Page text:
One thing I took away from my studies is a new-found appreciation for, what is largely know as, trash cinema. How did I spend my past two Saturday nights? Why, the director’s cut of The Toxic Avenger and re-mastered edition of Faster, Pussycat! Kill! Kill!, that’s how! Grind films are as horrific as they are entertaining to me. They present the kind of freedom/surrealism in cinema that Salvador Dali could appreciate despite the fact that someone like Frank Capra would be puking all over his shoes. Counter-culture films are how I like to see them.

Grind films were the most prevalent in the 70’s and 80’s, then kind of got washed away for a few years. There were some cases that popped up in the 90’s (I would argue that some of Lynch’s films, ie Lost Highway, share some similarities), but for the most part, it had nearly dissipated. Thus, when Crank first appeared in 2006, a dim light had be re-ignited. Hell, Crank was so extreme, it flared up like a fire in Backdraft.

Sexploitation, class abuse, racial stereotypes, and top it all off with a bit of the old ultra-violence. It was an immoral, cinematic car wreck that had me calling “Shotgun!” I loved it! A true escapist film. A sympathetic hitman who, when poisoned with “The Chinese Shit,” is forced to keep his adrenaline up in order to stay alive…or at least long enough to get his revenge! It was the kind of film that hasn’t been seen in cinemas for a long time.

Crank was filled with send ups for a generation fueled by video games, blood-thirsty media, energy drinks and Google. A grind film in every way possible. Last weekend saw the release of it’s hellbent brother, Crank: High Voltage. After surviving the events of the first film, Chev Chelios (Jason Statham) returns to hellish streets of Los Angeles. This time, someone’s taken his heart, and replaced it with an artificial one, and he has to keep it electrically charged until he can track down his original ticker. For the next 80+ minutes, the film somehow manages to offend, entertain, and disgust more than the original.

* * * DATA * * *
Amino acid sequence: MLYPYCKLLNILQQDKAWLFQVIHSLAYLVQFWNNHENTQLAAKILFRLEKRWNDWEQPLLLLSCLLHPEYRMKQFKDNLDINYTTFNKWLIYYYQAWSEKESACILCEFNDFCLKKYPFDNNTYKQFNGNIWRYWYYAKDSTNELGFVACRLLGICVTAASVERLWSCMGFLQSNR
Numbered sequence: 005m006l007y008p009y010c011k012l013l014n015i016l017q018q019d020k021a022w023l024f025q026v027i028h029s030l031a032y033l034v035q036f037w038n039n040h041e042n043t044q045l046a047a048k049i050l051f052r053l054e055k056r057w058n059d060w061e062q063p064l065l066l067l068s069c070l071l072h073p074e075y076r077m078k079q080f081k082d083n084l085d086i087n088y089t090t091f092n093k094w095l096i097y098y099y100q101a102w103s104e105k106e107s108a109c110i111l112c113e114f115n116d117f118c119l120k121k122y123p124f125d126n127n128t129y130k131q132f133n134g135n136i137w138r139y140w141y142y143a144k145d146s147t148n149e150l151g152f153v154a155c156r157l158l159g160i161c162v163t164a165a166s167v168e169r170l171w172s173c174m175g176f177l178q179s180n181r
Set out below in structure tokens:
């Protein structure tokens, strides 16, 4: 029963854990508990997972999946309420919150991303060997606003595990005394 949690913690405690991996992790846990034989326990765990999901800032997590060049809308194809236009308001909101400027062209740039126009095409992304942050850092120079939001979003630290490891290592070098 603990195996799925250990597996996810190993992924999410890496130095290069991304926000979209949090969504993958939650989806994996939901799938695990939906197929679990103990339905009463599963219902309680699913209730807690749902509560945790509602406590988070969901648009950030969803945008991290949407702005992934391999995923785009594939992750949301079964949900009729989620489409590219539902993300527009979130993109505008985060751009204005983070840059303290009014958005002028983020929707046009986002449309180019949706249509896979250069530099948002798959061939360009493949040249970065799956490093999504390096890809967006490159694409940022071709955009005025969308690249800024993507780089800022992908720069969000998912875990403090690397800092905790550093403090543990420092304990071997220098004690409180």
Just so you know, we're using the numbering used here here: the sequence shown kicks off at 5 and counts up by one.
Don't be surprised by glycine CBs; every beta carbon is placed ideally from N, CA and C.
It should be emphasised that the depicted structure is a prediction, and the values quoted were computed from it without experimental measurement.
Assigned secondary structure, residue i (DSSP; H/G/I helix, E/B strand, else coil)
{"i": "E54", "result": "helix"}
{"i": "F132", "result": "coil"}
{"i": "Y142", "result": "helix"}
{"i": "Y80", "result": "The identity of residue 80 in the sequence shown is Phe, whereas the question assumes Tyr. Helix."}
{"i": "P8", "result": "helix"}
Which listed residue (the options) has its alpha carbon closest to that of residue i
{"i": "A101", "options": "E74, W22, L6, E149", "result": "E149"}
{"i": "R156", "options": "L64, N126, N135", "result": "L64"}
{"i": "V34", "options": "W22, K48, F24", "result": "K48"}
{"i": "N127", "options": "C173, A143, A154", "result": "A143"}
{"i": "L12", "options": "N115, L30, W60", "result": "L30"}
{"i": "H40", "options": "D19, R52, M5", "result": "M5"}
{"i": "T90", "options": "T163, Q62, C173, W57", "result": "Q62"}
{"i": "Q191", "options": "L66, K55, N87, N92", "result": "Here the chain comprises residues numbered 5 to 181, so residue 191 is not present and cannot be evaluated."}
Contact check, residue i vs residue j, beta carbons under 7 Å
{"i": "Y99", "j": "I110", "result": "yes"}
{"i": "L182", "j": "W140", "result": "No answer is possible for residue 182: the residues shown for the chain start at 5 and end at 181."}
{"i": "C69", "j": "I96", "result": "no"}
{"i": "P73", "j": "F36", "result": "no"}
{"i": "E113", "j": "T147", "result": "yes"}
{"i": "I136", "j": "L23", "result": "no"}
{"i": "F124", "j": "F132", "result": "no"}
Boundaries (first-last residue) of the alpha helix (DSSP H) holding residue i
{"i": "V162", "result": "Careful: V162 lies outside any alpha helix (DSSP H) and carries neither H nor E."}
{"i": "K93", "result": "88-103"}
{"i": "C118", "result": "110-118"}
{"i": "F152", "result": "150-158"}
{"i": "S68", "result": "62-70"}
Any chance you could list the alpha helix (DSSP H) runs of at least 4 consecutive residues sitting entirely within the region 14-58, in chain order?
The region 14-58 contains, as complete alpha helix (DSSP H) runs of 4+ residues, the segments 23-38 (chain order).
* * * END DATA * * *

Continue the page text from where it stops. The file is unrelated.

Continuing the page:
Crank has kicked opened a door that was on it’s way to being dead-bolted. So, the question is, “What comes next?” I’m hopeful that another entry in the series is on the way, but what about the rest of Hollywood? With studios like Lionsgate and Rogue, true genre pictures have a haven, but it’s not a very lucrative one. In the wake of a water-boarding administration, can Americans seek refuge in the likes of characters like Chev Chelios and The Toxic Avenger? Or are we afraid that Jack Bauer is sitting two rows behind us?


New Film: “Earth”